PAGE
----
Of course, there’s talk of curses and the Apocalypse and even aliens (because why not?), and the local dogs are baying as more of the structure is uncovered, and naturally the underpaid natives are dying horribly from things but hell they’re only sweaty illiterate extras so who cares? But then the Egyptian government orders the site shut down because of the growing unrest, and the Western archaeologists act all pissed like they’re being thrown out of Starbucks before they’ve finished their soya lattes.
But Nora convinces Miles to let their tech expert Zahir (Amir K, ARGO) pilot their NASA-borrowed robot probe into the Pyramid to get some footage before they leave. So of course something happens to the $3 million device, and they have to go in and retrieve it. But they won’t be in there long, promise, hand on heart. Five minutes, tops.
So what do they find? Pretty much everything you expect, and less: the probe smashed to pieces, hieroglyphics warning about the terrible dangers within, false scares, traps, the obligatory green night vision footage, undefined blood and guts scenes, hairless feral cats, and a crappy CGI of the jackal-headed underworld god Anubis, who cut out the hearts of the newly-deceased and weighed them to determine whether or not they were worthy of passing into the afterlife (so, like a typical Customs officer, but less of a douchebag).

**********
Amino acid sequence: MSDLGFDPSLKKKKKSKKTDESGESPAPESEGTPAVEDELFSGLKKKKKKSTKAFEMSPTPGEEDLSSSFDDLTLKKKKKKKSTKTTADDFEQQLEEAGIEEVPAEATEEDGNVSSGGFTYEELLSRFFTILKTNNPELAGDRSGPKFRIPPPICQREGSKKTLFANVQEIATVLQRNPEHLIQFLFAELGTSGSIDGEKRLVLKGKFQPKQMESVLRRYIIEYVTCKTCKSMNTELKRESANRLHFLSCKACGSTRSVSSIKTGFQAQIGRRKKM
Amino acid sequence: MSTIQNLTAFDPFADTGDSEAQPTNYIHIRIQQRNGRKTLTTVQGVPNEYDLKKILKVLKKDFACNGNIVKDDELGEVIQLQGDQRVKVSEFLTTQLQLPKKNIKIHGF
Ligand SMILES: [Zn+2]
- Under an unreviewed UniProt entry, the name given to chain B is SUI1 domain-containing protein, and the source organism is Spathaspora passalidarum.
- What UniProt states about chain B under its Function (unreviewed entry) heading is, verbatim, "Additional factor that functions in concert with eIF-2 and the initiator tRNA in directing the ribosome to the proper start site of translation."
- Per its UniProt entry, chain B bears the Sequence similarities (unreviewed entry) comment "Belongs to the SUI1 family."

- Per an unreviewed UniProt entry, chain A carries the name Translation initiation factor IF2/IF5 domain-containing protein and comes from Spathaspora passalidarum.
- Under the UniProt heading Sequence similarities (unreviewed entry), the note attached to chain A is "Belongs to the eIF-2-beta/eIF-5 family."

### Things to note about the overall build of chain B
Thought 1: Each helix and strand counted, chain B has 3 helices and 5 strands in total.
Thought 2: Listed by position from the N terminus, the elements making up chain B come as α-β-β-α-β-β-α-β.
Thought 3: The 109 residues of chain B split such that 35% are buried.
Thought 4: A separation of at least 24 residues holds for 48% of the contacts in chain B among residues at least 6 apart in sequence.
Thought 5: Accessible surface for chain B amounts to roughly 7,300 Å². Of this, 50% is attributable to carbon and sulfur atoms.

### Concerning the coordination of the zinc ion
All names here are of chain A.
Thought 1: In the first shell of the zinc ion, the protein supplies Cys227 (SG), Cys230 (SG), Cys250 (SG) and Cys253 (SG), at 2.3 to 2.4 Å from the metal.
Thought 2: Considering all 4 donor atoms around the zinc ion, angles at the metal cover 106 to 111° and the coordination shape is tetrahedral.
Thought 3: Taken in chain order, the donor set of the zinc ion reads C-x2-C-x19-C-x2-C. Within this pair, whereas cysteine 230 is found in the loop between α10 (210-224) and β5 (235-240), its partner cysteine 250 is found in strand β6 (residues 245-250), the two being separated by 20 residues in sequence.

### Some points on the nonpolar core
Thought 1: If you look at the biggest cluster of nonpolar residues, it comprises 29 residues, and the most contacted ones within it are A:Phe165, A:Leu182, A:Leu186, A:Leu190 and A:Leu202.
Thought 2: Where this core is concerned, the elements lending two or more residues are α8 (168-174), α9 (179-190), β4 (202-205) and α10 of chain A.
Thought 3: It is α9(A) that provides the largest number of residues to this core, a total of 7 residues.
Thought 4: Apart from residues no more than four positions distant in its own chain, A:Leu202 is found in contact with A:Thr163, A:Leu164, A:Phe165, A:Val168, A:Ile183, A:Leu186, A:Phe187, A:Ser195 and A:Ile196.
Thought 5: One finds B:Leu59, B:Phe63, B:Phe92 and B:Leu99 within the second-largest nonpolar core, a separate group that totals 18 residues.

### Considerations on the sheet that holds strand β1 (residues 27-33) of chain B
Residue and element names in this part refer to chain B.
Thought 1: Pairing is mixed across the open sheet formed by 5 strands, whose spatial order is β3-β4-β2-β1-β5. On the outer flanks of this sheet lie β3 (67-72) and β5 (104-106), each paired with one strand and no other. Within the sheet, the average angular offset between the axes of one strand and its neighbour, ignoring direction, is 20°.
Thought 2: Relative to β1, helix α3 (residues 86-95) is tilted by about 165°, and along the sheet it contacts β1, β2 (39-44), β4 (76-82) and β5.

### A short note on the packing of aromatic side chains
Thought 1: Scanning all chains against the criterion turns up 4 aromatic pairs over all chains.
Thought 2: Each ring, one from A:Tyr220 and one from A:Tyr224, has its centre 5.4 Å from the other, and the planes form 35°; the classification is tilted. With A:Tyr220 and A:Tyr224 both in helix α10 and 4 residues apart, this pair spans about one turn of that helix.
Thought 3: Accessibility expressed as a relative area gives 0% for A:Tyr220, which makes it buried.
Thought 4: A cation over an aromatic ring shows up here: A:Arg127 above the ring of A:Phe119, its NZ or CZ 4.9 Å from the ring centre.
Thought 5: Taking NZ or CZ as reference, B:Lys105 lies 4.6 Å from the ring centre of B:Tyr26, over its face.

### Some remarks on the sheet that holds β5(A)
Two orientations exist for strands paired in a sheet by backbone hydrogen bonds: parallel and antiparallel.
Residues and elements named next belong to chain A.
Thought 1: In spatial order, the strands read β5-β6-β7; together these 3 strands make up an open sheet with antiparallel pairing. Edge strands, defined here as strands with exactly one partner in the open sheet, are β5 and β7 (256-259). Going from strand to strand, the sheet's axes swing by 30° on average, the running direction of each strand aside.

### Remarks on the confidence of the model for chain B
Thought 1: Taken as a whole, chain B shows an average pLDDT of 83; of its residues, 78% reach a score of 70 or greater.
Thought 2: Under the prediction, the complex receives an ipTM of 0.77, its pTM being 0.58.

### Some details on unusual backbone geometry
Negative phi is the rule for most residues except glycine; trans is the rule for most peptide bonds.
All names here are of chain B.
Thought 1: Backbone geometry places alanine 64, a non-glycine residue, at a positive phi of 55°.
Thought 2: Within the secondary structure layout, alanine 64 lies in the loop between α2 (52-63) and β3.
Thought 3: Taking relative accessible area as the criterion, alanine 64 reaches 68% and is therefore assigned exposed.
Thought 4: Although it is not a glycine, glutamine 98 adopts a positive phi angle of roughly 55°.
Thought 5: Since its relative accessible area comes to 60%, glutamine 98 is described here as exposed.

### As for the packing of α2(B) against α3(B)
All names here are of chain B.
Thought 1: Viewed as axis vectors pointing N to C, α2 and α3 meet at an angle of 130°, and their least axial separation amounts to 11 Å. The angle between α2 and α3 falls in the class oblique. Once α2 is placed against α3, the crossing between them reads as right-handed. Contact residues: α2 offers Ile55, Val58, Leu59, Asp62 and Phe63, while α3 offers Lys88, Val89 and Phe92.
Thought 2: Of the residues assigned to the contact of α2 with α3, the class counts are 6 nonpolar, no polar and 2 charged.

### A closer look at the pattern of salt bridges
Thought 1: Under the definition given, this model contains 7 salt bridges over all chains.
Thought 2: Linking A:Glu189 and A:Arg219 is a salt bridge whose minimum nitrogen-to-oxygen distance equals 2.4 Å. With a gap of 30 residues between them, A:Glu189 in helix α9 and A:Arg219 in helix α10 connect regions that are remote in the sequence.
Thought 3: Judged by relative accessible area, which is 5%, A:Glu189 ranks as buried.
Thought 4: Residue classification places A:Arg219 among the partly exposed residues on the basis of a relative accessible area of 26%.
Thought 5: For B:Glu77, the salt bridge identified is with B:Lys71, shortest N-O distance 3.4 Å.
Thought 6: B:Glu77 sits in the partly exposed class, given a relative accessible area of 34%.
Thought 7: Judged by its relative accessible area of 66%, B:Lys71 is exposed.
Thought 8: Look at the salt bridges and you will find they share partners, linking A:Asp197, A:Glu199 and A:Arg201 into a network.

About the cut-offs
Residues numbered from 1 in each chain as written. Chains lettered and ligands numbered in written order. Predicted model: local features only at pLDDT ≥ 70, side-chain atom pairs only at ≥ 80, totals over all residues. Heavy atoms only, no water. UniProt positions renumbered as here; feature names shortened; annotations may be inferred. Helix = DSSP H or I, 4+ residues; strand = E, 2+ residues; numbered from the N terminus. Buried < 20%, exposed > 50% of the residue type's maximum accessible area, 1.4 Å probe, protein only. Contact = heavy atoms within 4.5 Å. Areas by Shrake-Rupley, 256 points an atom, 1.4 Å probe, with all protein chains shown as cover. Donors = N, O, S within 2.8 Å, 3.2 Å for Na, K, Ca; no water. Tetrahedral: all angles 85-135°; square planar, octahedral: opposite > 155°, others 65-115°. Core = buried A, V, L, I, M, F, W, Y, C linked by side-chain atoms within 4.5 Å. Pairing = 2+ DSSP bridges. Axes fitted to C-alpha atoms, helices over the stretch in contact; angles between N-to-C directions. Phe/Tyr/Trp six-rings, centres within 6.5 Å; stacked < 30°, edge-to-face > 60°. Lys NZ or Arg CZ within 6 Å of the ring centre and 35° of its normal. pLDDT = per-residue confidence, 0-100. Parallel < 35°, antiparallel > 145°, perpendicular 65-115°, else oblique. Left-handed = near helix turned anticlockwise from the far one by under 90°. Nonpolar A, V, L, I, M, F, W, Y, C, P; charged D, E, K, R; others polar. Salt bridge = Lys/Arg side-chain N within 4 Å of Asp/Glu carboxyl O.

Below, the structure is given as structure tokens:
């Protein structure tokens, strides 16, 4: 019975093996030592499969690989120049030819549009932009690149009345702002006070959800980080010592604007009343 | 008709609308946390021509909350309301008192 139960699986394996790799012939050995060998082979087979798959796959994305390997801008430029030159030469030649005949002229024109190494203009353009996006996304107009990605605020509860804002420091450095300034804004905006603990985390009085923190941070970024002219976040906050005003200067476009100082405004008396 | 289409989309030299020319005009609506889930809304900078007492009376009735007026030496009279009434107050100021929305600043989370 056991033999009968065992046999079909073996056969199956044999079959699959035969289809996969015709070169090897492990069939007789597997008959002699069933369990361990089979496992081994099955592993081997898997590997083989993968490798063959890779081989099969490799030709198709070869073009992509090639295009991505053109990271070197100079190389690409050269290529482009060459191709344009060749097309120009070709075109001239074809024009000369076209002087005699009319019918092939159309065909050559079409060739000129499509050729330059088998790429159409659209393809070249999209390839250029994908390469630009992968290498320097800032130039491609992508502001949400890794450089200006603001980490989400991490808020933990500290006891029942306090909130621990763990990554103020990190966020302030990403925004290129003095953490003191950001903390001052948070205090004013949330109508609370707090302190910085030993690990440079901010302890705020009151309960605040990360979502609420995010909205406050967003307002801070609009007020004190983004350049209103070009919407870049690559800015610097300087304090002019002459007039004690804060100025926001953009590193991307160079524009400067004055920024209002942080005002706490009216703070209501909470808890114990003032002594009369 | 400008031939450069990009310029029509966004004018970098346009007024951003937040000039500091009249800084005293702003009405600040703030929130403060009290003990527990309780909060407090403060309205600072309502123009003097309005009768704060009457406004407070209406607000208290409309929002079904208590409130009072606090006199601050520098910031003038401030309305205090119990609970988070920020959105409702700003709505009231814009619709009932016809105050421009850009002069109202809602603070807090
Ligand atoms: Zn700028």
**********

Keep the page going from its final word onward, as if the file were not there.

Grégory Levasseur started out as a scriptwriter for movies such as HIGH TENSION, MIRRORS, THE HILLS HAVE EYES and MANIAC remakes, and now has branched out with this, his directorial debut. And judging from the result, he couldn’t decide on what he wanted to make. It starts out presented in found footage format, complete with lots of poorly-lit scenes but then will cut to more conventional third-person cinematic shots, generating a sloppy inconsistency.